Originally published on Tue April 30, 2013 10:02 am
Katherine Tapp, 26, tries a rapid HIV test offered at the Department of Motor Vehicles in Washington, D.C., in June 2012. It's part of an effort to get more people screened.
Credit Jacquelyn Martin / AP
Everybody needs an HIV test, at least once.
That's the verdict from the U.S. Preventive Services Task Force, which has just joined the Centers for Disease Control and Prevention and a scrum of professional medical societies in calling for universal testing for the virus that causes AIDS.
Oklahoma's health department is contacting some 7,000 patients of Tulsa-area dentist Dr. W. Scott Harrington to warn them they may have been exposed to "blood-borne viruses."
Officials are urging former patients to get screened for hepatitis B, hepatitis C and HIV after an investigation of Harrington's office found rusty instruments in use and evidence of unsanitary practices. The dentist had clinics in Tulsa and Owasso.
Originally published on Fri March 29, 2013 9:14 am
Women meet during a support group for those who have HIV and their friends and family on Jan. 17 in Triunfo de la Cruz. These kinds of support groups are an important part of making people feel comfortable with their diagnosis and seeking treatment.
In the village of Corozal in Honduras, men ready boats for fishing excursions and boys play soccer on a beach lined with thatched huts.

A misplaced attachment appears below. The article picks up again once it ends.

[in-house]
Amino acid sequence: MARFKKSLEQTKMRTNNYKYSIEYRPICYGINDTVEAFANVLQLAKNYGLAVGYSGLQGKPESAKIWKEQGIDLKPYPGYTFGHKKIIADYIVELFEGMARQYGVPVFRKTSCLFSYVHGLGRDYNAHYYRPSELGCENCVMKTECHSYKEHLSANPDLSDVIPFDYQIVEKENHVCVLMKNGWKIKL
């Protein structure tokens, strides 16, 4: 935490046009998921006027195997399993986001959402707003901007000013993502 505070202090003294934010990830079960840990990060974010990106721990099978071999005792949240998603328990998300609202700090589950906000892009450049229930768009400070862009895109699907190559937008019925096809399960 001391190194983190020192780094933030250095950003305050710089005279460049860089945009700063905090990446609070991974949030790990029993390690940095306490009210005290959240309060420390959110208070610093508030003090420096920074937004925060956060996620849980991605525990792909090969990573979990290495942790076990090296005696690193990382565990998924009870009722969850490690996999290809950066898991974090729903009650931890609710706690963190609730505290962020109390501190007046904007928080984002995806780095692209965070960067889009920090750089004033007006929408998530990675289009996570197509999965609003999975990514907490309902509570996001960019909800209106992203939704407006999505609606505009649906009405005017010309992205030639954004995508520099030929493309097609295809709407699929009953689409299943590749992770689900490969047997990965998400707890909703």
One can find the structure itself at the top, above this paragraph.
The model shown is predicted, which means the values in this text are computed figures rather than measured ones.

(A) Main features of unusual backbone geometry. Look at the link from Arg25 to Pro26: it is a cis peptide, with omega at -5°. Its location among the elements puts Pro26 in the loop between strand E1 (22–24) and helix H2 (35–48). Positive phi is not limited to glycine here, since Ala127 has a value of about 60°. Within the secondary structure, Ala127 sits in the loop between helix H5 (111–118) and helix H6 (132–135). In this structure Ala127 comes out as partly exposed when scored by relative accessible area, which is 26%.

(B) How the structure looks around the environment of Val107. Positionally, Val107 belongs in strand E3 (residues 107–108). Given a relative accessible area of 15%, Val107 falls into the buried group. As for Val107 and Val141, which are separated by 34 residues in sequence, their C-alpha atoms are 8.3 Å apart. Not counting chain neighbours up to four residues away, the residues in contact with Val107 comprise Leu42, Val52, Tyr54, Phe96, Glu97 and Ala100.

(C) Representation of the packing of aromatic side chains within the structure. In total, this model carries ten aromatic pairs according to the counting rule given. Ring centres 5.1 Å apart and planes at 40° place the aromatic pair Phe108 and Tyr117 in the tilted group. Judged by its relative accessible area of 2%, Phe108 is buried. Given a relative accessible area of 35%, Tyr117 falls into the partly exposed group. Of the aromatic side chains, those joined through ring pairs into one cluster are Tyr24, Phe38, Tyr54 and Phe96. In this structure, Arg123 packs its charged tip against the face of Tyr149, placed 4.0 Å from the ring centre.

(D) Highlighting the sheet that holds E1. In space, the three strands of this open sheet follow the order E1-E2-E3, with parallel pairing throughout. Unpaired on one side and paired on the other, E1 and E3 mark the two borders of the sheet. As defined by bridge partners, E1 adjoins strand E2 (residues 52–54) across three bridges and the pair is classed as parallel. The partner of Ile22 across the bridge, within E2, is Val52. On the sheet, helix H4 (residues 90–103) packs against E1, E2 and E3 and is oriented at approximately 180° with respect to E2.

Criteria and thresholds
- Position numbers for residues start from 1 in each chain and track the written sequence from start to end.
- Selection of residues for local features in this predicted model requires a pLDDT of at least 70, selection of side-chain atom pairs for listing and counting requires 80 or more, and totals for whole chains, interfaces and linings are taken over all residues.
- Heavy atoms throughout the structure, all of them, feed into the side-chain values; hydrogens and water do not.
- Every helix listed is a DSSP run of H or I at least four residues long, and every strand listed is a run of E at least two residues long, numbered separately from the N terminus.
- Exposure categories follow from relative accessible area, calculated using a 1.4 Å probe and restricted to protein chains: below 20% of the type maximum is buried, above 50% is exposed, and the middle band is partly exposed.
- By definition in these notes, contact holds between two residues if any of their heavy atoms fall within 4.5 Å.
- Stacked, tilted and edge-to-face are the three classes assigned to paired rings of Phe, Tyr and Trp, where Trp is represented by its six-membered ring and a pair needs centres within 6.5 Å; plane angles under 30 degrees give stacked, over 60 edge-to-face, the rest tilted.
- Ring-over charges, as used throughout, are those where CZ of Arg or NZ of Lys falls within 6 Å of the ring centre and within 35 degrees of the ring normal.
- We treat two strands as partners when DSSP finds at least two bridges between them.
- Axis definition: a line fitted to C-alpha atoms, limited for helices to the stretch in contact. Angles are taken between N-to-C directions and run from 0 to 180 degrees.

On a sandy lot next to the town's main street, two teenage boys begin playing drums while women sing. For centuries, this has been the signature sound of celebration for the Garifuna, an Afro-Caribbean people on the Atlantic coast of Central America. Now this music has an additional purpose: to prevent HIV.
An electron micrograph of HIV particles infecting a human T cell. French researchers say they've found 14 patients with so little HIV virus in their blood that the patients have gone into "long-term remission."
Credit National Institute of Allergy and Infectious Diseases
Just last week AIDS researchers were excited about a Mississippi toddler whose blood has remained free of HIV many months after she stopped getting antiviral drugs – what doctors call a "functional cure."